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Frissen Chronicles the Adventures of “The Unfabulous Five”

by  in Comic News Comment
Frissen Chronicles the Adventures of “The Unfabulous Five”

Jerry Frissen is an acclaimed designer, but he’s also a comics writer. “The Zombies That Ate the World,” which he co-created with artist Guy Davis has been released in two volumes from Humanoids, and “Lucha Libre” is a Humanoids anthology that was released — in part — in the United States by Image Comics.

Since the final issue was released, Humanoids has been collecting the anthology’s serialized stories into collected volumes. The first release was “The Tikitis,” which was recently followed up by “The Unfabulous Five” from Frissen and the artist Bill. Centering on a would-be superhero team of men from East Los Angeles, “Unfabulous Five” is funny, action-packed and strange — though perhaps no stranger than Los Angeles really is.

CBR News: For people who don’t know, what is “Unfabulous Five?”

Jerry Frissen: It’s the story of a gang of five aspiring Mexican (Lucha Libre) wrestlers that decide to fight crime in their East Los Angles neighborhood. The problem is, they’re not really wrestlers, nor are they Mexican. Nobody believes in these unemployed, middle-aged losers but themselves. Everybody laughs at them when they see them in the community with their masks on, but they don’t give a shit. They are very passionate about what they do, and it turns out they can actually do something to fight crime and save their neighborhood.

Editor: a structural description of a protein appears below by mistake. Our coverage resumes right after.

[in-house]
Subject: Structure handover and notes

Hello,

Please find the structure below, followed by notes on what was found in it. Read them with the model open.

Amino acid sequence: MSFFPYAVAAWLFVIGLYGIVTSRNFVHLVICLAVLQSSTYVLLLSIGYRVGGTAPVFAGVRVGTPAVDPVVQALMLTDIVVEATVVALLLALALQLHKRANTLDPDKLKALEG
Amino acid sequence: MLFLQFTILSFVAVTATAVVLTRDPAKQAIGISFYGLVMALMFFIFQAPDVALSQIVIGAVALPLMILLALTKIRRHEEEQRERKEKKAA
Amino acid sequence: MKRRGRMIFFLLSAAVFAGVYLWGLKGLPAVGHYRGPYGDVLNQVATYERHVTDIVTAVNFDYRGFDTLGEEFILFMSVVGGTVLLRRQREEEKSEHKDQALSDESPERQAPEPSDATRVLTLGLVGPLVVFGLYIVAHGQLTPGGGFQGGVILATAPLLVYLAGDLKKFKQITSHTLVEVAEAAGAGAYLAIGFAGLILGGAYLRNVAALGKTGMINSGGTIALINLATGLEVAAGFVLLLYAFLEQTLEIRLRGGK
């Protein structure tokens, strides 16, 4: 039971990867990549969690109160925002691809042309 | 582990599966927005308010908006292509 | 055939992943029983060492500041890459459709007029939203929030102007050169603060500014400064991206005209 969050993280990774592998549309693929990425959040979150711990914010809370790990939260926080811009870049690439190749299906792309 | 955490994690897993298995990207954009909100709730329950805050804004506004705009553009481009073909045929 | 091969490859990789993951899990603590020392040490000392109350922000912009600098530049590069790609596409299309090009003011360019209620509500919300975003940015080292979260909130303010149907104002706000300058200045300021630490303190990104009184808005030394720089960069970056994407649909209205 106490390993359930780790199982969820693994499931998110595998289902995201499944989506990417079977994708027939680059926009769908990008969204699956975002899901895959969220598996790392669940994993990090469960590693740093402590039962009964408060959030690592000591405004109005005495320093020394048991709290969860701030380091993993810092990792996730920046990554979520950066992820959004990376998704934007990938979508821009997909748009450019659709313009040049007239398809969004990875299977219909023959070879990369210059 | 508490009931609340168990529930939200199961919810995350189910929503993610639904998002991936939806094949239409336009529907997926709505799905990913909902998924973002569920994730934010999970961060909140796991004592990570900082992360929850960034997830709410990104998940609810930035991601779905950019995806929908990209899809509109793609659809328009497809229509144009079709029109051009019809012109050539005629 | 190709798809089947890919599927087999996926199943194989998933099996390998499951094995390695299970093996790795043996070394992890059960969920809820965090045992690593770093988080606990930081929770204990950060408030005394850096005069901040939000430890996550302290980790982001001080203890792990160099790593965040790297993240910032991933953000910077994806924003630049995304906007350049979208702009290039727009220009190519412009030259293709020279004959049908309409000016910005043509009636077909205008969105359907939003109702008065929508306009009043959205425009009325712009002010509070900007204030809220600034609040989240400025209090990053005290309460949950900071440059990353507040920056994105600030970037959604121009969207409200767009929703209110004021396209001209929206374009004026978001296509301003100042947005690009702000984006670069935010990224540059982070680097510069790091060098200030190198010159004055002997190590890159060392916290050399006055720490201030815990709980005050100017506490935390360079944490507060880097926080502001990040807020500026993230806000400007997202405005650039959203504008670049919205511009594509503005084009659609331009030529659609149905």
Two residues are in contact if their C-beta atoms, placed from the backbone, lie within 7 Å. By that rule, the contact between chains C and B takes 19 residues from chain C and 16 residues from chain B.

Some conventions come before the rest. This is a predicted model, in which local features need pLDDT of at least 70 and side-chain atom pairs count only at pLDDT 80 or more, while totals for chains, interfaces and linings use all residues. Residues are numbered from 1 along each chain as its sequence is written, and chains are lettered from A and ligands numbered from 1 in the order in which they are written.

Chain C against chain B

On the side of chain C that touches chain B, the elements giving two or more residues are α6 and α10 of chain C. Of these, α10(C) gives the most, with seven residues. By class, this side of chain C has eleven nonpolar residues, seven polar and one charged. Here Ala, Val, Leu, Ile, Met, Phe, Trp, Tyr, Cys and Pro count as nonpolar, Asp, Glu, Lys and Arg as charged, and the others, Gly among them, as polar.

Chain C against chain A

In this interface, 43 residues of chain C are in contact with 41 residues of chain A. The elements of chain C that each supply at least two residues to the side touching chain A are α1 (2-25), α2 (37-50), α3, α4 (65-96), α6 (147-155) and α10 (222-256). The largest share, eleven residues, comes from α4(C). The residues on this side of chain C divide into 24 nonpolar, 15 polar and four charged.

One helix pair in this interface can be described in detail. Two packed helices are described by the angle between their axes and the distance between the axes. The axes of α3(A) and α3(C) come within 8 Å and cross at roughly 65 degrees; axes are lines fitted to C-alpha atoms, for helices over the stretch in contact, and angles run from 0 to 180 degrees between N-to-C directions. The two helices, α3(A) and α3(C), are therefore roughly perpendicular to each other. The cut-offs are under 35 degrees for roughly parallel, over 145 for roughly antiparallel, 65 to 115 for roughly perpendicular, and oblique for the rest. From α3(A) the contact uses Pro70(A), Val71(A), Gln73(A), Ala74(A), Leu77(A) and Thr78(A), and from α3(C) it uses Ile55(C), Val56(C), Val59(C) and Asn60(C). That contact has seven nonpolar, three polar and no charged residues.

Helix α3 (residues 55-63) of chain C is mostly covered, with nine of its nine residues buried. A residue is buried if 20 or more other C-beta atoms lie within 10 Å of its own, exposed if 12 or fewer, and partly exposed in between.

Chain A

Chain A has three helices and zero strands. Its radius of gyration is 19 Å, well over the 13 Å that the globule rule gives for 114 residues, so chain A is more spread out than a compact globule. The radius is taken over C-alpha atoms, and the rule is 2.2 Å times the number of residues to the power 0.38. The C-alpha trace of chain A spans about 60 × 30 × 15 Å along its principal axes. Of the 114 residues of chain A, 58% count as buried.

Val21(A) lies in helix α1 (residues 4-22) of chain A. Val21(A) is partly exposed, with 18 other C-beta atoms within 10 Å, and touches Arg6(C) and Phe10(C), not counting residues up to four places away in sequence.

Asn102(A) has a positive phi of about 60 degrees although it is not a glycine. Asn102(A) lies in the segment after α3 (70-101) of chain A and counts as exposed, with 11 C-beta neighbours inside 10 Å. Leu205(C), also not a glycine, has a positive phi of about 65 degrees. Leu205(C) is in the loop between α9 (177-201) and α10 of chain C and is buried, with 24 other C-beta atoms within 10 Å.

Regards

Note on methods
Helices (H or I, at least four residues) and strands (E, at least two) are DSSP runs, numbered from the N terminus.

Where exactly did this idea and your love of lucha libre come from?

It mainly came from my love for Los Angeles. I was looking for the right approach to write about LA. I wanted to do something with a new tone. One day, I was in East LA and I saw a bunch of guys sitting in the front of a building doing nothing. They looked pretty cool and they made me think about a gang of unemployed superheroes. Then it struck me: These guys were the people I wanted to write about. Since there is a big Latino community in LA and I was, at that time, into collecting Lucha Libre masks, I put everything together. That’s where the idea of mixing genres also came from, because the entire Lucha Libre project was about mixing things together.

Most American readers will remember the “Lucha Libre” series from Image Comics, but there were more issues that came out in Europe than we ever saw.

Yes. There were 13 issues — or rather volumes — in total.

What made you interested in presenting the series as an anthology? It was an oddity at the time — and would be today as well.

I grew up reading “Metal Hurlant” magazine, and I wanted to recreate something like that. I wanted to have my own magazine. It was very naïve and a little pretentious, but I didn’t care. I wanted it to happen, and it did. I had to convince a lot of people along the way, even lying to some of them, but I don’t have any regrets. It was a great adventure — one of the best of my life. I had a chance to work with amazing artists. Working with Bill, for instance — who did “Unfabulous Five” — was an extraordinary experience. Every page he turned out blew my mind.